Rot at bottom of cactus
Q: Dear Garden Guru,

Can you help me with some rot that is eating away at the base of a large columnar cactus a friend just gave me? The plant looks healthy overall, but at the base a good chunk has rotted away. Any help to save it would be appreciated! Thanks

- Michael in Oakland
   
A: Dear Michael,

Rot at the bottom of a cactus is not good. It is usually caused by cold, wet soil in constant contact with the base of the plant. This is the reason you see a 1/2 inch or more of gravel in potted cactus and succulents. The only thing you can do now is to cut out the rotted part. It would be easiest to unpot the cactus for the operation. Using a clean, sharp knife, you will want to cut away around the rotted area in the healthy tissue. Disinfect the wound with a 5:1 water bleach solution. Allow the wound to dry and callous for about 2 weeks before repotting. Do not let the calloused wound have contact with the soil.
Another option would be to cut off the cactus from the rotted bottom. Allow the cut cactus to dry out for 2 or 3 weeks before repotting. It will begin to make new roots in about a month. In this situation, frequent watering is desirable. Good luck.
 
Sunrise Cactus
Q: Dear Garden Guru,

I have a Sunrise cactus which is very similar to a Christmas
cactus. It had beautiful blooms when I bought it but I cannot seem to get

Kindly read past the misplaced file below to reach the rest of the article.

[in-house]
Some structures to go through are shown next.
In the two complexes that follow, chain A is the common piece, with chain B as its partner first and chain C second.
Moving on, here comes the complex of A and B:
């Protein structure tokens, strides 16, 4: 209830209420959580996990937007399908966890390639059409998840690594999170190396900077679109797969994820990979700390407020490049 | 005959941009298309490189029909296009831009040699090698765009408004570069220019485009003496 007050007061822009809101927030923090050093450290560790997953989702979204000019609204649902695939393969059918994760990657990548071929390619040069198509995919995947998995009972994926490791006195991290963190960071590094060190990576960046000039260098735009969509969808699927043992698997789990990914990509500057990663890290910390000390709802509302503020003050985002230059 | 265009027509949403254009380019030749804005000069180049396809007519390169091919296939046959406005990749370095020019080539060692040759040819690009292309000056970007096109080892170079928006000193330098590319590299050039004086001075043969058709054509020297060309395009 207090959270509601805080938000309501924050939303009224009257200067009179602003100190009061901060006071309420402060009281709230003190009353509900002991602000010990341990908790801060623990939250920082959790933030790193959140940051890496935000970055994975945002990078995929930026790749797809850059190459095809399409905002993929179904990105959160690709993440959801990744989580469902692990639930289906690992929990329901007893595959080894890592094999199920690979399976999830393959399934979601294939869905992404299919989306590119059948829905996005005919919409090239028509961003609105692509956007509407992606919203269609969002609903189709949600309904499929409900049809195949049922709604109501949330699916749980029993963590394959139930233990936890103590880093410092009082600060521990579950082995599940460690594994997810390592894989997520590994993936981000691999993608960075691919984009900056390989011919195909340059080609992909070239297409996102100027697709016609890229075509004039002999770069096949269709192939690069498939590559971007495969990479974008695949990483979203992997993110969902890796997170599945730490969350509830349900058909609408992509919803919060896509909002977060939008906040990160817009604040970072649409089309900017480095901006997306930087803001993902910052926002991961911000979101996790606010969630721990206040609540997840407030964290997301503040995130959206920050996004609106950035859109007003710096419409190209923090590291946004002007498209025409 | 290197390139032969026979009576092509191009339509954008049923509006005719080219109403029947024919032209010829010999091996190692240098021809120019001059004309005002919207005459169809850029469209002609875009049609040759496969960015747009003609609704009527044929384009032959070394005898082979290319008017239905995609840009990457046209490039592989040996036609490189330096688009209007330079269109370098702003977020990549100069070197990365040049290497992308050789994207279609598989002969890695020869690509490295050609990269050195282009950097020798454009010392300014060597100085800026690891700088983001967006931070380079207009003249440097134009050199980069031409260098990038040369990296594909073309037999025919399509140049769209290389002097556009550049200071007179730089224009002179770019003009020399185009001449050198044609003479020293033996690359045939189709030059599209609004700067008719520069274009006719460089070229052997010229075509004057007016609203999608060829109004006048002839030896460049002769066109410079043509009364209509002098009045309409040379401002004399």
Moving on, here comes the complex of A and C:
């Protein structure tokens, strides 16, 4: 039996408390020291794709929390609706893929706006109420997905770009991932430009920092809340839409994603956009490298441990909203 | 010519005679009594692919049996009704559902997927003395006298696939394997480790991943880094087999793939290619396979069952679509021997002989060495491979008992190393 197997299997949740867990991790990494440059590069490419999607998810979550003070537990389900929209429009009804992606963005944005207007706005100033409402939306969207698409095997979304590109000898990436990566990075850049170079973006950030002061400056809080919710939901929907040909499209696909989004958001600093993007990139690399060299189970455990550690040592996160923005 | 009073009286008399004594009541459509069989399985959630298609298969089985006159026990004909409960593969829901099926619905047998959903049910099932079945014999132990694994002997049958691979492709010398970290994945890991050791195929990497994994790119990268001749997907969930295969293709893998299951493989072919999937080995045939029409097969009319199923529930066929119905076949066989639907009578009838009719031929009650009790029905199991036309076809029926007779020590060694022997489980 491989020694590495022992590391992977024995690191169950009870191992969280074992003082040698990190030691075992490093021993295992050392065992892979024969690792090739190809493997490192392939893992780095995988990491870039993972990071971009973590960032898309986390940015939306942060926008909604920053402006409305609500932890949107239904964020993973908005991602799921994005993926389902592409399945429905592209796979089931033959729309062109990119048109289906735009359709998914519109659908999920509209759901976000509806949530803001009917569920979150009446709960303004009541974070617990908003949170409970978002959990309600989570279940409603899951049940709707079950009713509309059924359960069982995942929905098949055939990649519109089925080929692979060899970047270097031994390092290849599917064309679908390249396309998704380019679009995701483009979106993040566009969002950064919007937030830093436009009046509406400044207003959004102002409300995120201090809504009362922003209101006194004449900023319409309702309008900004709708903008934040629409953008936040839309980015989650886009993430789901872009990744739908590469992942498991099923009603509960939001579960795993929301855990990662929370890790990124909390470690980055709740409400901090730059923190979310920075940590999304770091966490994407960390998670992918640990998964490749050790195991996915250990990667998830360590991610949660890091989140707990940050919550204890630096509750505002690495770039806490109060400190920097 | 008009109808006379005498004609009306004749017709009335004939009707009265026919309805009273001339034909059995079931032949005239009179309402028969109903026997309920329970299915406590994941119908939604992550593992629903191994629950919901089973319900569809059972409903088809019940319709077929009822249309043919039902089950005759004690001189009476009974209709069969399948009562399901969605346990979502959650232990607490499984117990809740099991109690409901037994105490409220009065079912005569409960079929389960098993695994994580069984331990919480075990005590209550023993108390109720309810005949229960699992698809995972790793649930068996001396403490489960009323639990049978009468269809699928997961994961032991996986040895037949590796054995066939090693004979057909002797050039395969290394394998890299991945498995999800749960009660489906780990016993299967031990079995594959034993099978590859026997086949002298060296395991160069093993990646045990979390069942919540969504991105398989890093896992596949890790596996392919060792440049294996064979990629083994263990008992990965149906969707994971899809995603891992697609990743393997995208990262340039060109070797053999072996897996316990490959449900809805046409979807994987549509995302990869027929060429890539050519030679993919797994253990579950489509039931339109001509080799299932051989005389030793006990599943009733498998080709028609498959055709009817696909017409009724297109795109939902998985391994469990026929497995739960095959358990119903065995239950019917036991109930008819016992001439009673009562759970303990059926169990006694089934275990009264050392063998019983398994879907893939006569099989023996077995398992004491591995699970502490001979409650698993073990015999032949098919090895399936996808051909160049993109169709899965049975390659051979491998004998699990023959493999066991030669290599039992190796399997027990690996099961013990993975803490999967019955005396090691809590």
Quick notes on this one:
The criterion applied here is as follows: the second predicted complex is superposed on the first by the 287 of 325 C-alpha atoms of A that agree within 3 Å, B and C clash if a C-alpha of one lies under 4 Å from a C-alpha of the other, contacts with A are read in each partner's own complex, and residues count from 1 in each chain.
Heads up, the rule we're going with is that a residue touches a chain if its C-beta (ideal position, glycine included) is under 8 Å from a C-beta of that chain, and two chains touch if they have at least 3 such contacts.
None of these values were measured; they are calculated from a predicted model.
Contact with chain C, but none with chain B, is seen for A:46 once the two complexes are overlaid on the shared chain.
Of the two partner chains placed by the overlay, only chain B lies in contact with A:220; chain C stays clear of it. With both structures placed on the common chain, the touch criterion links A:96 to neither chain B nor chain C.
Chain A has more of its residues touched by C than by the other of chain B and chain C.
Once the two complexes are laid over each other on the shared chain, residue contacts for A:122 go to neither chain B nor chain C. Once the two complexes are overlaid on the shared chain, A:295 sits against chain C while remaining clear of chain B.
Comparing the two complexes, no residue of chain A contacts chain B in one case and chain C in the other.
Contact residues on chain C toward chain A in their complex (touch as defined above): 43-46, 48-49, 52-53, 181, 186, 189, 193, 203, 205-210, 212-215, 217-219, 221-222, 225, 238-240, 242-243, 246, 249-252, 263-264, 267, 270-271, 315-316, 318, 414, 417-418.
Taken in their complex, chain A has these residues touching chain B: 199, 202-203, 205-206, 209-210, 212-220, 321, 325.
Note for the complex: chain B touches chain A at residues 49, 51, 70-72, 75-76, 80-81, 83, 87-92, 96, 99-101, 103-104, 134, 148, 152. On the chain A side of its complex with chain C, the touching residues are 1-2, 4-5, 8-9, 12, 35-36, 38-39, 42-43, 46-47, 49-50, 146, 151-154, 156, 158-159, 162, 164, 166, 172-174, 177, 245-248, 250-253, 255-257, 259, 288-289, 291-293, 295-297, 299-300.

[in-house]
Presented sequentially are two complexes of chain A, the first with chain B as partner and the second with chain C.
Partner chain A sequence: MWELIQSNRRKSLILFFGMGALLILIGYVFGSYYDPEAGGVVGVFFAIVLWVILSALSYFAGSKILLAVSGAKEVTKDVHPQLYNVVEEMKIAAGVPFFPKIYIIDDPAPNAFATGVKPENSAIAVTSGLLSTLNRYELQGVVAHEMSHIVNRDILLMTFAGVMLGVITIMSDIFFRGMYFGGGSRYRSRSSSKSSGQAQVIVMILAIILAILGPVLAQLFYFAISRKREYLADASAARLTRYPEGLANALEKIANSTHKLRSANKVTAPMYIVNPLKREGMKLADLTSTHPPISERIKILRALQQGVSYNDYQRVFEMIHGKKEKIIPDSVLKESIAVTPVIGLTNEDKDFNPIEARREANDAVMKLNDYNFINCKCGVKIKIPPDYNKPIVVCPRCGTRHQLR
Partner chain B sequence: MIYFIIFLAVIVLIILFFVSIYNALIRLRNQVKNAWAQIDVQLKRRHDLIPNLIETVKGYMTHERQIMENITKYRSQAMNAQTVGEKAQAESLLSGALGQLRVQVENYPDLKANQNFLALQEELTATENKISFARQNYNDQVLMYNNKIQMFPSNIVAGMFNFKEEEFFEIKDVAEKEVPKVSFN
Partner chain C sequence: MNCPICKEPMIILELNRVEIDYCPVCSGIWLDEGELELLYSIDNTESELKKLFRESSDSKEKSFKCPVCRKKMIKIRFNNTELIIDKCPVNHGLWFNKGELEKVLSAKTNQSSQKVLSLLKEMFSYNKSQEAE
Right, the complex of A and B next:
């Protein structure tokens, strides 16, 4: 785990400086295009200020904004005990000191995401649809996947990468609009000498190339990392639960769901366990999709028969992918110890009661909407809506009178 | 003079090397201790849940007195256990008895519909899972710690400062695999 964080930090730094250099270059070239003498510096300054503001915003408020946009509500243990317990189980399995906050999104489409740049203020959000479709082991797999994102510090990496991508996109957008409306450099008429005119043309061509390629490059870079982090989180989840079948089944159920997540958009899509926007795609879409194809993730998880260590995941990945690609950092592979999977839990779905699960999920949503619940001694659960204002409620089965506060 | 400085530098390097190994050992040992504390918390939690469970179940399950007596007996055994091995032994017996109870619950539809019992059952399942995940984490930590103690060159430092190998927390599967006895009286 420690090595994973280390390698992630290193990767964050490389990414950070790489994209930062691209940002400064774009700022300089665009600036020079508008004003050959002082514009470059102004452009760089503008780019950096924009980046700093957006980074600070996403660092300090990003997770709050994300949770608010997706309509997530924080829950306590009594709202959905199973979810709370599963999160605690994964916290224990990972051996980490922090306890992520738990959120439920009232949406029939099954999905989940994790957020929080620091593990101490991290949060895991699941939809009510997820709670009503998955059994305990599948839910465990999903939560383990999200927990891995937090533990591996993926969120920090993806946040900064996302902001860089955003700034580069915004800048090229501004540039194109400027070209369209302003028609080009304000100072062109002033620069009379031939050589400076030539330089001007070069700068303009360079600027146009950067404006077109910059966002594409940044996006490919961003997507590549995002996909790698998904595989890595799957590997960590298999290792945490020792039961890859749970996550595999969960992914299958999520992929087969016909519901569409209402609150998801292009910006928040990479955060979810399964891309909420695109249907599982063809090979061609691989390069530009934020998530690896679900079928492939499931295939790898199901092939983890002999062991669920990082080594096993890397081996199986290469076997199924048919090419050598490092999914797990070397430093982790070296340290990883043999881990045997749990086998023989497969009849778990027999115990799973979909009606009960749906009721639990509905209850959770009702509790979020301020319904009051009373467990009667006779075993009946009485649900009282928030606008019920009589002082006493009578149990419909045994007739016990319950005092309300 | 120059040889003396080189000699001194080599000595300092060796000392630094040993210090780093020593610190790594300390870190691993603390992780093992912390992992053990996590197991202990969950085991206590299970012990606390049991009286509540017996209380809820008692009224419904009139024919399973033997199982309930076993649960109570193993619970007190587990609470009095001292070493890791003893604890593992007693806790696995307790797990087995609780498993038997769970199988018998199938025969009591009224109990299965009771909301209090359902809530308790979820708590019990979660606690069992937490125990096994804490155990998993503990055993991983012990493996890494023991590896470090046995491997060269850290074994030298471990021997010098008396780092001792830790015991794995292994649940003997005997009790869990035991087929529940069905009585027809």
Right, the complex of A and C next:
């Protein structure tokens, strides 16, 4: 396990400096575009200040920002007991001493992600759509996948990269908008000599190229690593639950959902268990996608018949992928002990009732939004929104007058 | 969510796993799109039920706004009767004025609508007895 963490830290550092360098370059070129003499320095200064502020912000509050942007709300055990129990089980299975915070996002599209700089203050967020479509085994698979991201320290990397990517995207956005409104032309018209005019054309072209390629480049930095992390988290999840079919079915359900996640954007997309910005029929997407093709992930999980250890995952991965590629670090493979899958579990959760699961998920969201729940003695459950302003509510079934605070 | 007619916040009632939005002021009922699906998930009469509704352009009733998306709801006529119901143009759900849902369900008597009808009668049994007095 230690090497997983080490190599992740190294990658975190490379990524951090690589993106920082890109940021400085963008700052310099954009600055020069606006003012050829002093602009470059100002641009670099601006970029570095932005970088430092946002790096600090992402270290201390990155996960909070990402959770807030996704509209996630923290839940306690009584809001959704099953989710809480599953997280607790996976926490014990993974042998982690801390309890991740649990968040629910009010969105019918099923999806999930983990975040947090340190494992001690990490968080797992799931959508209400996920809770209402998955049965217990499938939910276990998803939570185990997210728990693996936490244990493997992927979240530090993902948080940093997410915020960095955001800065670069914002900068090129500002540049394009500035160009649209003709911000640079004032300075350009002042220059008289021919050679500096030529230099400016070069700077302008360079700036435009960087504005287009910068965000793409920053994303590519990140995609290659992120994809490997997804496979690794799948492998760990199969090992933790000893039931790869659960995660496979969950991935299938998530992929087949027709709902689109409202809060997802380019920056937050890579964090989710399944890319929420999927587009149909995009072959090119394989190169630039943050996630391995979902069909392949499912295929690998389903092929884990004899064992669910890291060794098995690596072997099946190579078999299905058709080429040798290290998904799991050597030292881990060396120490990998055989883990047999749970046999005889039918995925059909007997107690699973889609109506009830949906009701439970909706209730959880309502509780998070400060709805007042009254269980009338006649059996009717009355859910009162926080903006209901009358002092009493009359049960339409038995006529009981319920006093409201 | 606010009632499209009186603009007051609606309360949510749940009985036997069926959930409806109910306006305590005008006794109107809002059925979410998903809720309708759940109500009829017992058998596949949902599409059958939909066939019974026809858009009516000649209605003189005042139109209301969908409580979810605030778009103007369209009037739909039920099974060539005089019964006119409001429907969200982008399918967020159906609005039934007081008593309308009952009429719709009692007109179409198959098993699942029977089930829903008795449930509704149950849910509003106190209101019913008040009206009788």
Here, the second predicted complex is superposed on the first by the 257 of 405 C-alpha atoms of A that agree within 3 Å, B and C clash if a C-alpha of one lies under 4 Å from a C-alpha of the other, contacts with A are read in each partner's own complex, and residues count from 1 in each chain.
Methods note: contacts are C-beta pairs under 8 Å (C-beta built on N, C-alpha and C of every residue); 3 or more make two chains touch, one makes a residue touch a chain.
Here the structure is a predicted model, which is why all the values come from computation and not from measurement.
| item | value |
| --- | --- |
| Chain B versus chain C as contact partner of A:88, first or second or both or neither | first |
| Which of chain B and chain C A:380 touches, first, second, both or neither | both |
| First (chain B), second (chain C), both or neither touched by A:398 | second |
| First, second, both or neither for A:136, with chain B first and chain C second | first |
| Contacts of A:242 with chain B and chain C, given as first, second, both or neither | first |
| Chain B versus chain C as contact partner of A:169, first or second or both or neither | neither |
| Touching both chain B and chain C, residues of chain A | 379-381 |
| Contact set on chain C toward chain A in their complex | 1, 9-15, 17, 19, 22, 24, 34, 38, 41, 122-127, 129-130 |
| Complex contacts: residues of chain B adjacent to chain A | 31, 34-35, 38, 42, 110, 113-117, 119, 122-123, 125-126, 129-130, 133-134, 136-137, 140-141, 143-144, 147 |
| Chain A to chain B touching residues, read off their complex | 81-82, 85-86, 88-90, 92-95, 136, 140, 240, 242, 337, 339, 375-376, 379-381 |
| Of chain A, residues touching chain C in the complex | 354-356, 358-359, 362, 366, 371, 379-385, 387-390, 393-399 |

it to bloom again. Any suggestions?

- Christine in Daly City
   
A:

Dear Christine,

The Sunrise cactus requires short days and cool/cold nights to initiate bud
formation (Classic October/November weather). Your plants would do best
outdoors now until frost, in a partial shade location. Also, let the plants
dry out between waterings.

 
Indoor grass & cactus garden
Q: Dear Garden Guru,

I have often seen indoor grass and cactus gardens. These are often planted in shallow rectangular pans. What is your recommendation as to the types of grasses to plant in these pans for display in a coffee table or windowsill?

- Jaime in San Francisco
   
A:

Dear Jaime,

The easiest is oat grass (cat grass). This is sold as seed from our Botanical Interest line. The second best would be using the Pacific Park Blend Fescue seed but the smallest amount is 1 pound.